The FCA will inevitably be interested in machine learning for regulation. It cannot possibly interpret the volumes of data it receives at present, never mind what it will get in future, and draw conclusions with the speed needed to stop a problem in its tracks.

Machine learning, with the caveats I have already mentioned about human oversight, will undoubtedly become pivotal to regulation and government, probably globally and within five years.

Hubris will undoubtedly lead us to believe it will avoid a future market failure. We all know from history that there is always a ghost in the machine.

Phil Young is managing director of Zero Support

Recommended

4

How far will the FCA take platform fee disclosure?

The FCA has been hinting at ramping up disclosure of platform and asset management fees, leading some to believe it is a matter of time before investors can compare prices for investment solutions as easily as they can for other consumer products. Regulation such as Mifid II, alongside the FCA’s asset management and platform market […]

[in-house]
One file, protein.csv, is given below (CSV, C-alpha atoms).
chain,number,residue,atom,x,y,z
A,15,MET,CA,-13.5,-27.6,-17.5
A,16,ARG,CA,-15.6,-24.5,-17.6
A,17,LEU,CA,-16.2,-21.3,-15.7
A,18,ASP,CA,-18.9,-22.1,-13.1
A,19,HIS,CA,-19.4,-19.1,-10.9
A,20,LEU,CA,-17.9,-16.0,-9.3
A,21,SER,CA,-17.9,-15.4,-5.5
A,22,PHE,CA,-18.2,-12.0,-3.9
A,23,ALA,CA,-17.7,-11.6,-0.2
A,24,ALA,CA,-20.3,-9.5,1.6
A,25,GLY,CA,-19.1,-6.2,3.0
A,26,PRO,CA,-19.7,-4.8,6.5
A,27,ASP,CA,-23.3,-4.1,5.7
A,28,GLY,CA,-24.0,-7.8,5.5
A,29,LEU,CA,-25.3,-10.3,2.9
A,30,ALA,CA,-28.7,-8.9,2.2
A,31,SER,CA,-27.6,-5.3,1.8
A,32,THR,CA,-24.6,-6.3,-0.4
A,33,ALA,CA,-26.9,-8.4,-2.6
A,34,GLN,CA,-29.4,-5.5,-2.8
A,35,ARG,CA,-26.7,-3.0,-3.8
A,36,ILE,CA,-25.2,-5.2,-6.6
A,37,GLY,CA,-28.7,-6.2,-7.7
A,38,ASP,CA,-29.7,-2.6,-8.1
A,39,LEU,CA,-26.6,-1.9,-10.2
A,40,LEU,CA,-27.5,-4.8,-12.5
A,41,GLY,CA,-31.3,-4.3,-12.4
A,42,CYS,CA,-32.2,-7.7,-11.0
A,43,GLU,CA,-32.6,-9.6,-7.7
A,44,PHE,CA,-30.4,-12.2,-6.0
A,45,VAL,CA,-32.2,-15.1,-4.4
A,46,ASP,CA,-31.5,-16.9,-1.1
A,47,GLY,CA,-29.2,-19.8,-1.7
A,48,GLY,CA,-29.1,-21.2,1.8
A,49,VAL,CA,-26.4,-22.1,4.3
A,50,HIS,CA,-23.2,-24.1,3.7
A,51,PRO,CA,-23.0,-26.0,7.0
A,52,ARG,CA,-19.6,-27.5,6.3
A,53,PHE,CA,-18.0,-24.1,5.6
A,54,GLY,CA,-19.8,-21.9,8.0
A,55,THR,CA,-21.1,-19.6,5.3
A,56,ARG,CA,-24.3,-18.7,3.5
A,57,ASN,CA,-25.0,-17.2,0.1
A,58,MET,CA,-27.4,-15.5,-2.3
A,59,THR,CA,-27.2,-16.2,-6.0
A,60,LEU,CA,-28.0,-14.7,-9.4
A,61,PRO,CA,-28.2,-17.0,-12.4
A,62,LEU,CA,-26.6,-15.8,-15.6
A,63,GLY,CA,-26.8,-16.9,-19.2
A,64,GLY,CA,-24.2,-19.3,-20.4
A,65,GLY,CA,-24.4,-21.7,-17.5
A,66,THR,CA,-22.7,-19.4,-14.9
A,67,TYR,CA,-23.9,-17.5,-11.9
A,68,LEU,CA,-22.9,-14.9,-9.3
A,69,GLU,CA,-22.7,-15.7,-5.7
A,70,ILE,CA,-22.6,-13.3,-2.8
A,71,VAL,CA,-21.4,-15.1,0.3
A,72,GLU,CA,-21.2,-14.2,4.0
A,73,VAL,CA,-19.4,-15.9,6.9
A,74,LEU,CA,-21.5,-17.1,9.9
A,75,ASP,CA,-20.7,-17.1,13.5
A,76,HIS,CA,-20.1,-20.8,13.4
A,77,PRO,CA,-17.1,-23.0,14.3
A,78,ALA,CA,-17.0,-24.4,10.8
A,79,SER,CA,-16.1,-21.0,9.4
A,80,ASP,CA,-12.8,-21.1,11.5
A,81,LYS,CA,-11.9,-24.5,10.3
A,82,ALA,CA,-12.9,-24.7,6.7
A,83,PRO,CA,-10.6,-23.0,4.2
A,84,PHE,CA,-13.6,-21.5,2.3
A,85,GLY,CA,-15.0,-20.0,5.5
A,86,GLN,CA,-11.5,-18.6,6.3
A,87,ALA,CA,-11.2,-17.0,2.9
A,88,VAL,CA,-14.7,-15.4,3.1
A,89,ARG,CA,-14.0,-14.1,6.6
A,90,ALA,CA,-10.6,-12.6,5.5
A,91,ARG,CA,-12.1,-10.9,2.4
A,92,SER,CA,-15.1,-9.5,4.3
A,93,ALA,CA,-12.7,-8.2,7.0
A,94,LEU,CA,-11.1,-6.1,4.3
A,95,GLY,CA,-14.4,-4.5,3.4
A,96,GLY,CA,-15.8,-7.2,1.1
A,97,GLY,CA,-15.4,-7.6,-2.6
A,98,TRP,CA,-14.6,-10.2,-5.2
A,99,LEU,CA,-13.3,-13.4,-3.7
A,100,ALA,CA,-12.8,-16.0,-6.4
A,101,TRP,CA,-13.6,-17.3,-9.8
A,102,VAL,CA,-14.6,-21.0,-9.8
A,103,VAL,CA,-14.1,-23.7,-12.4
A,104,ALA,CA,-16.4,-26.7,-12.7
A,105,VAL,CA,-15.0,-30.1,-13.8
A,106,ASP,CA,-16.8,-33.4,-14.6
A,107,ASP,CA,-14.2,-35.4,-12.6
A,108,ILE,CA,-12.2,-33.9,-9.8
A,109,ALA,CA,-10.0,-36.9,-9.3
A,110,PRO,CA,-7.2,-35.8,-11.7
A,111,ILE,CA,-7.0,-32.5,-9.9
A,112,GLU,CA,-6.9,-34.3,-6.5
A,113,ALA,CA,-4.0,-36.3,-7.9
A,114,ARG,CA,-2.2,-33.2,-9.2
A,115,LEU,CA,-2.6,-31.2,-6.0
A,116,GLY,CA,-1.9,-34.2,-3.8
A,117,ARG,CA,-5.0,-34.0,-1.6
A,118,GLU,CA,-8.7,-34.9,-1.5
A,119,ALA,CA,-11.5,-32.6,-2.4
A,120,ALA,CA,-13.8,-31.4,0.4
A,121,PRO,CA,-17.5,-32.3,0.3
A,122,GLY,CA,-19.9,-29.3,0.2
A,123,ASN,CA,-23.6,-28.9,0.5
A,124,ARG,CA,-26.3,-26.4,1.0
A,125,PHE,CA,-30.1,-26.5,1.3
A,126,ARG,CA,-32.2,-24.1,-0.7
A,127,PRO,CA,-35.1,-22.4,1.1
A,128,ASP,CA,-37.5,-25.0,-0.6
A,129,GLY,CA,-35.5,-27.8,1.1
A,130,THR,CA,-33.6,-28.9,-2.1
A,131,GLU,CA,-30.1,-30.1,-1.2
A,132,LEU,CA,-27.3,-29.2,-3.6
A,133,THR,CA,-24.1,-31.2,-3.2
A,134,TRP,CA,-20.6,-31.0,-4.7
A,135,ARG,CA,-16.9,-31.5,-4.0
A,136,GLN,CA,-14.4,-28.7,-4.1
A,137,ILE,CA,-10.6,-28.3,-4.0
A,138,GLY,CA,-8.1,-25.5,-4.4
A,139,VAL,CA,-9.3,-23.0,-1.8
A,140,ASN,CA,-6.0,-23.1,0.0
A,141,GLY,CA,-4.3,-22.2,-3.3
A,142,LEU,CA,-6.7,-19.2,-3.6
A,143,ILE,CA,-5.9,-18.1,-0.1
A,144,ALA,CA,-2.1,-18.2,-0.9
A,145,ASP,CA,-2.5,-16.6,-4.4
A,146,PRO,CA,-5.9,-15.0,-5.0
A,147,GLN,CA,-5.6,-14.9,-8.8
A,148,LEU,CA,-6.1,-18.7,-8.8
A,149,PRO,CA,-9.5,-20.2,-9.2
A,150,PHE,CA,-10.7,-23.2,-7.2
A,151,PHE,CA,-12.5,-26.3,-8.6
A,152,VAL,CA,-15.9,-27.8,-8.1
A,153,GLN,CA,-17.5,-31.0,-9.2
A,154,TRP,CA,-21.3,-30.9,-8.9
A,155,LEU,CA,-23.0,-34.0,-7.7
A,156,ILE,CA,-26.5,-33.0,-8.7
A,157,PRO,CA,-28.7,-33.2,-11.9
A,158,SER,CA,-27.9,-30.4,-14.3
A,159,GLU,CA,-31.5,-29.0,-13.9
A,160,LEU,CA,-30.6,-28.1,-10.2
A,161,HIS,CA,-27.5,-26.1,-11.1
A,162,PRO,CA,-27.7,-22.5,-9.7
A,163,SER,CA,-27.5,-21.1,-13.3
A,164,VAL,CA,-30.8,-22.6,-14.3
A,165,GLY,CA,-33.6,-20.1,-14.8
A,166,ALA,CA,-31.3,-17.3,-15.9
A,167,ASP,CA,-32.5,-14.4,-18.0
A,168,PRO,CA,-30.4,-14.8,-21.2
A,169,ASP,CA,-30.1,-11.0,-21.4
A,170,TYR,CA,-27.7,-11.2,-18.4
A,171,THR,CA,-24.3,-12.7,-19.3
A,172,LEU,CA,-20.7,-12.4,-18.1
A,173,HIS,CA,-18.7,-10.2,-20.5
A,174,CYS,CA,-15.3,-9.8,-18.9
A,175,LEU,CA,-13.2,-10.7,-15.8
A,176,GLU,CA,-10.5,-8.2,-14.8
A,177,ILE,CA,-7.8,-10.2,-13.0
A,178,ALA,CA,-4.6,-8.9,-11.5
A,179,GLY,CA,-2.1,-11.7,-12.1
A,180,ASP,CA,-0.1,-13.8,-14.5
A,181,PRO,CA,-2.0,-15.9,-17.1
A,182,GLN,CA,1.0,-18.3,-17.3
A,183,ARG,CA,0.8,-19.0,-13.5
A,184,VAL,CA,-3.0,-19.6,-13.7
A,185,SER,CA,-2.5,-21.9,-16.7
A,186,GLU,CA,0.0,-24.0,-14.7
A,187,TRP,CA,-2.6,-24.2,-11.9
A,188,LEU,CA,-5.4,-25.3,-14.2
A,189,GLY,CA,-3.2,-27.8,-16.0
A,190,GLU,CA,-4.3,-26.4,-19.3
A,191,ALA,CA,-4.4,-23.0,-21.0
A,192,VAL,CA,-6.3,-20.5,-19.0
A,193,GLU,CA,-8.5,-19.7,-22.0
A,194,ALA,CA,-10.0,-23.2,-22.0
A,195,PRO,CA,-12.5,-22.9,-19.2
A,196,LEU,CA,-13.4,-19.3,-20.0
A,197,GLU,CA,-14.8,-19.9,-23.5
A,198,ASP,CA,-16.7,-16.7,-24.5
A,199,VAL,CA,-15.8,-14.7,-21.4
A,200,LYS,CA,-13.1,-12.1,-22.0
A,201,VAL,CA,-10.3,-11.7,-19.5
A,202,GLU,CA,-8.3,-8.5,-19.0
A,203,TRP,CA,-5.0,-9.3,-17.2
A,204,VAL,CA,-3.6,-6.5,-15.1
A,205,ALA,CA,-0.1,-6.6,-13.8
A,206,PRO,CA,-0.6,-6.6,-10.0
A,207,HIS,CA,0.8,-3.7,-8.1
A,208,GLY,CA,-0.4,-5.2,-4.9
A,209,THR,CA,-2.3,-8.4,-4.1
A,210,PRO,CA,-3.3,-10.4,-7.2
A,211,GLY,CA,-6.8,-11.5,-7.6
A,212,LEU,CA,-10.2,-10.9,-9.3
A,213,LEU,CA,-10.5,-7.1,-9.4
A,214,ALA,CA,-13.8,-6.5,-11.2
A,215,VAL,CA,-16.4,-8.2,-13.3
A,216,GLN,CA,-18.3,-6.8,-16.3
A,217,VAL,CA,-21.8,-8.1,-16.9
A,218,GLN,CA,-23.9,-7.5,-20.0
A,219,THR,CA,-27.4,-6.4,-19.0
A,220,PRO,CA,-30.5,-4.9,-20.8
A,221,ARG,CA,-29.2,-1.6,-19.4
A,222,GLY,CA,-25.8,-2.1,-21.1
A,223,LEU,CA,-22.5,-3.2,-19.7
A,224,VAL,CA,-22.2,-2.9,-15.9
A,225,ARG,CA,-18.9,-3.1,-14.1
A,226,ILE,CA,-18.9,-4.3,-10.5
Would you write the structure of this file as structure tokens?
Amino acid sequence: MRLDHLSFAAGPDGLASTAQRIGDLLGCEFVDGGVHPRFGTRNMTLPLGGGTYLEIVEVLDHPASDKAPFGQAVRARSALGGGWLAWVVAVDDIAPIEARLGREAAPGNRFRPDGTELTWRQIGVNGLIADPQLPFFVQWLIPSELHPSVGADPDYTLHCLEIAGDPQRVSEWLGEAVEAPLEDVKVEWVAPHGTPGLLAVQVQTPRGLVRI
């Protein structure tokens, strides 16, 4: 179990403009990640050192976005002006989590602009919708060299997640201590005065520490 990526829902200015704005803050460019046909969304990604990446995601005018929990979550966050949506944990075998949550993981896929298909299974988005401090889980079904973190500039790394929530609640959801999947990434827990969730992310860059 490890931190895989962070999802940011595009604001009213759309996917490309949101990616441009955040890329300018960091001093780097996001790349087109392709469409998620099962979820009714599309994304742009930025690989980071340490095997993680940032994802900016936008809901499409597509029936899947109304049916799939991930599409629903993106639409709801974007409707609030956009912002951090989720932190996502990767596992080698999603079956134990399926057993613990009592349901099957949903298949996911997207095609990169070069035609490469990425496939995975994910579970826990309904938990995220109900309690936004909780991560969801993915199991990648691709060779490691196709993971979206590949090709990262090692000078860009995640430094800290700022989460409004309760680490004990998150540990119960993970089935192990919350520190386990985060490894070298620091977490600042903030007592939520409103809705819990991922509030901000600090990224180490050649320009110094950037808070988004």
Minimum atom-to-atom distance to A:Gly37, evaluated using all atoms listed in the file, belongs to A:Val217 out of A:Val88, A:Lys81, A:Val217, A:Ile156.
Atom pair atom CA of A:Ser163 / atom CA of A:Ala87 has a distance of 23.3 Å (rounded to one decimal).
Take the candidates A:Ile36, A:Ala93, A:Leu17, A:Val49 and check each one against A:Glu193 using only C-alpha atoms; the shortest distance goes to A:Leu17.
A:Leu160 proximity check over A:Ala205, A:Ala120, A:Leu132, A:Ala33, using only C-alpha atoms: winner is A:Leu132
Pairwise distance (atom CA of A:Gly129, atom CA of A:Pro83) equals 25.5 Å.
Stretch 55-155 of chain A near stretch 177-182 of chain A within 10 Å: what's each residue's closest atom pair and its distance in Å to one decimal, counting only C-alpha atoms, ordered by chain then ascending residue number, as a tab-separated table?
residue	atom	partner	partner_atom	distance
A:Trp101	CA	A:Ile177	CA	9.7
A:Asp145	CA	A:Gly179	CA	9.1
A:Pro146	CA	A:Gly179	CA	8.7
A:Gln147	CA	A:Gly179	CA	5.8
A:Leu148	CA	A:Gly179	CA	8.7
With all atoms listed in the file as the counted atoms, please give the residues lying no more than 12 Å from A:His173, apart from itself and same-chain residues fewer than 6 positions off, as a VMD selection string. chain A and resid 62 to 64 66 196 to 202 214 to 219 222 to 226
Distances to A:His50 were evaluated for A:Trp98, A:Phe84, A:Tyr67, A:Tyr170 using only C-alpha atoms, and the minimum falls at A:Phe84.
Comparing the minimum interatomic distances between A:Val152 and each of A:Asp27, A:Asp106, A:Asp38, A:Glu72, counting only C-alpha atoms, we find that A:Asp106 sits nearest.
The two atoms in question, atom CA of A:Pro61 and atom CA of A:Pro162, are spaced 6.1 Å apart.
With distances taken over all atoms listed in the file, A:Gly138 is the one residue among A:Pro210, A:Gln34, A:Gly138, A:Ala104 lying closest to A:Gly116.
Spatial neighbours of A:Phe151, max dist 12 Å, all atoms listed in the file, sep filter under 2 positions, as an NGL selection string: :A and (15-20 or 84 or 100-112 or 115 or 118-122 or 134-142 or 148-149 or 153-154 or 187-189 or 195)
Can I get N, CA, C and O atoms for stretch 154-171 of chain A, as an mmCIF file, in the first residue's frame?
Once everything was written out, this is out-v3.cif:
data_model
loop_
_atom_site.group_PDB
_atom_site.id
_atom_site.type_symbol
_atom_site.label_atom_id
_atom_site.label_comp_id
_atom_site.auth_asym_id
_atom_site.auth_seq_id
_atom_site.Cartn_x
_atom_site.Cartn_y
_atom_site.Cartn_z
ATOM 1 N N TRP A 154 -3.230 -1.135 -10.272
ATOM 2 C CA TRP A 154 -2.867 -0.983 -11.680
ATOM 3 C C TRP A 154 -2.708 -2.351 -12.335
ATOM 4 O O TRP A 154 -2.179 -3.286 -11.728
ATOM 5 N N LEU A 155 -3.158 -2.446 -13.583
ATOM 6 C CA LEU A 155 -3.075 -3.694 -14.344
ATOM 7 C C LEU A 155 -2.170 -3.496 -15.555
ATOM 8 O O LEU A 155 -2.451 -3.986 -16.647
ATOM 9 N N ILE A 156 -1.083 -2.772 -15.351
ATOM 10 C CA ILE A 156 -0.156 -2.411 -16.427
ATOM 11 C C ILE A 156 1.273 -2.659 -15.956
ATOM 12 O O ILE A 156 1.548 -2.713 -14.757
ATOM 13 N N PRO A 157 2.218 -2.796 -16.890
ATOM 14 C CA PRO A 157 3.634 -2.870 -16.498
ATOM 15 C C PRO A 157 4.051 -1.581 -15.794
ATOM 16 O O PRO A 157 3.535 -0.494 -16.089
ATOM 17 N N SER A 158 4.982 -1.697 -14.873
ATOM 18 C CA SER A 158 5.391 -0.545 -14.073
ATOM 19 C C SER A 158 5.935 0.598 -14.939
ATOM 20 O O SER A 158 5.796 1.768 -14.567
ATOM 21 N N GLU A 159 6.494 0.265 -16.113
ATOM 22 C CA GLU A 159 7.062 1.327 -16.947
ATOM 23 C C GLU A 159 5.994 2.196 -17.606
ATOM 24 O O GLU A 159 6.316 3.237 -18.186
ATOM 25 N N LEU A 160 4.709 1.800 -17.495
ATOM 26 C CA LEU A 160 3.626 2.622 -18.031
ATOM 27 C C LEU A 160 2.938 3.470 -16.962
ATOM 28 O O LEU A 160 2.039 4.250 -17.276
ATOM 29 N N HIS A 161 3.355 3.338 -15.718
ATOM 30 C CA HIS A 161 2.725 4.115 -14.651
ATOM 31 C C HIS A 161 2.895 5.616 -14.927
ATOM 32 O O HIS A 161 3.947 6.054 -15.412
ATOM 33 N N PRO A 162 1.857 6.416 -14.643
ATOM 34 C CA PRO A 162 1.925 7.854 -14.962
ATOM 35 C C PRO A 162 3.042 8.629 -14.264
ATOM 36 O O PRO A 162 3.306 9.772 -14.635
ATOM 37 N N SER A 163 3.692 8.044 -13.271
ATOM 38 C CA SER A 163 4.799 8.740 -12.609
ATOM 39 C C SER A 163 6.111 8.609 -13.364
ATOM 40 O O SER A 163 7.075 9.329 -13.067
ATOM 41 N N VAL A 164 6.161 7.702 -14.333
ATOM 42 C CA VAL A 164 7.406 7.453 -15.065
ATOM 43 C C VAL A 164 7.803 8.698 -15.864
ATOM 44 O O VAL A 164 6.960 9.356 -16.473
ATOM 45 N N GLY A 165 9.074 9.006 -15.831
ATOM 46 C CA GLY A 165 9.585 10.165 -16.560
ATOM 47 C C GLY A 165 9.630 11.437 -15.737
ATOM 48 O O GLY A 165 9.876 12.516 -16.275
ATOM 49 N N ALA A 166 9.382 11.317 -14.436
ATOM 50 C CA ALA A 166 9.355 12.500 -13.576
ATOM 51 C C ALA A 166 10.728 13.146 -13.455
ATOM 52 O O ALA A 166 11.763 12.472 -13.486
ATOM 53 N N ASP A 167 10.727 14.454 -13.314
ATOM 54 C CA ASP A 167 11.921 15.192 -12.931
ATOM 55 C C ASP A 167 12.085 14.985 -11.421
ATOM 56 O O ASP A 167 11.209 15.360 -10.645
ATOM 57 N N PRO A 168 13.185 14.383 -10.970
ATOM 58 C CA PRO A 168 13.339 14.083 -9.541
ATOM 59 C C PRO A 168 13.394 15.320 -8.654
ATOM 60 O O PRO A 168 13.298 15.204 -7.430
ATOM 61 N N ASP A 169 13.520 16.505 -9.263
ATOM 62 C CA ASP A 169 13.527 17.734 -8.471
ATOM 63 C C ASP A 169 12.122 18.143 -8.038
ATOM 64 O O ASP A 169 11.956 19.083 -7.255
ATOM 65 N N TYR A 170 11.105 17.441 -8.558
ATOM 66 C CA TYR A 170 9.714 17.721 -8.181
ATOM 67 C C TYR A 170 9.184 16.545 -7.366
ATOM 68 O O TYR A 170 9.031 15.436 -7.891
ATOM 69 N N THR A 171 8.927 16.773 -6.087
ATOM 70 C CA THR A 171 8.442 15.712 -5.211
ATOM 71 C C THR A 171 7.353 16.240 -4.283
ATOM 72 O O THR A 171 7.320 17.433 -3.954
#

Brewin Dolphin hires another six for advice expansion

Discretionary fund manager Brewin Dolphin has continued its advice arm recruitment drive with another six hires. The appointments come from across the UK and include hires into Edingburgh, London and Belfast. Former Succession adviser Ross Belford and Edinburgh Wealth Management paraplanner Graeme Muir join in Scotland. There are also two more hires to Brewin’s London team, […]

Newsletter

News and expert analysis straight to your inbox

Sign up

Comments

There are 2 comments at the moment, we would love to hear your opinion too.

  1. Am I right in thinking the Titanic had insufficient life boats?

    • @ Jim – Very droll and very apt.

      Whatever you call all this stuff, it’s not intelligent, or thinking or sentient. It’s a decision tree every time. It might have dynamic inputs derived from analysed data, and it might have have dynamic benchmarks within the tree, but it’s all still rules based.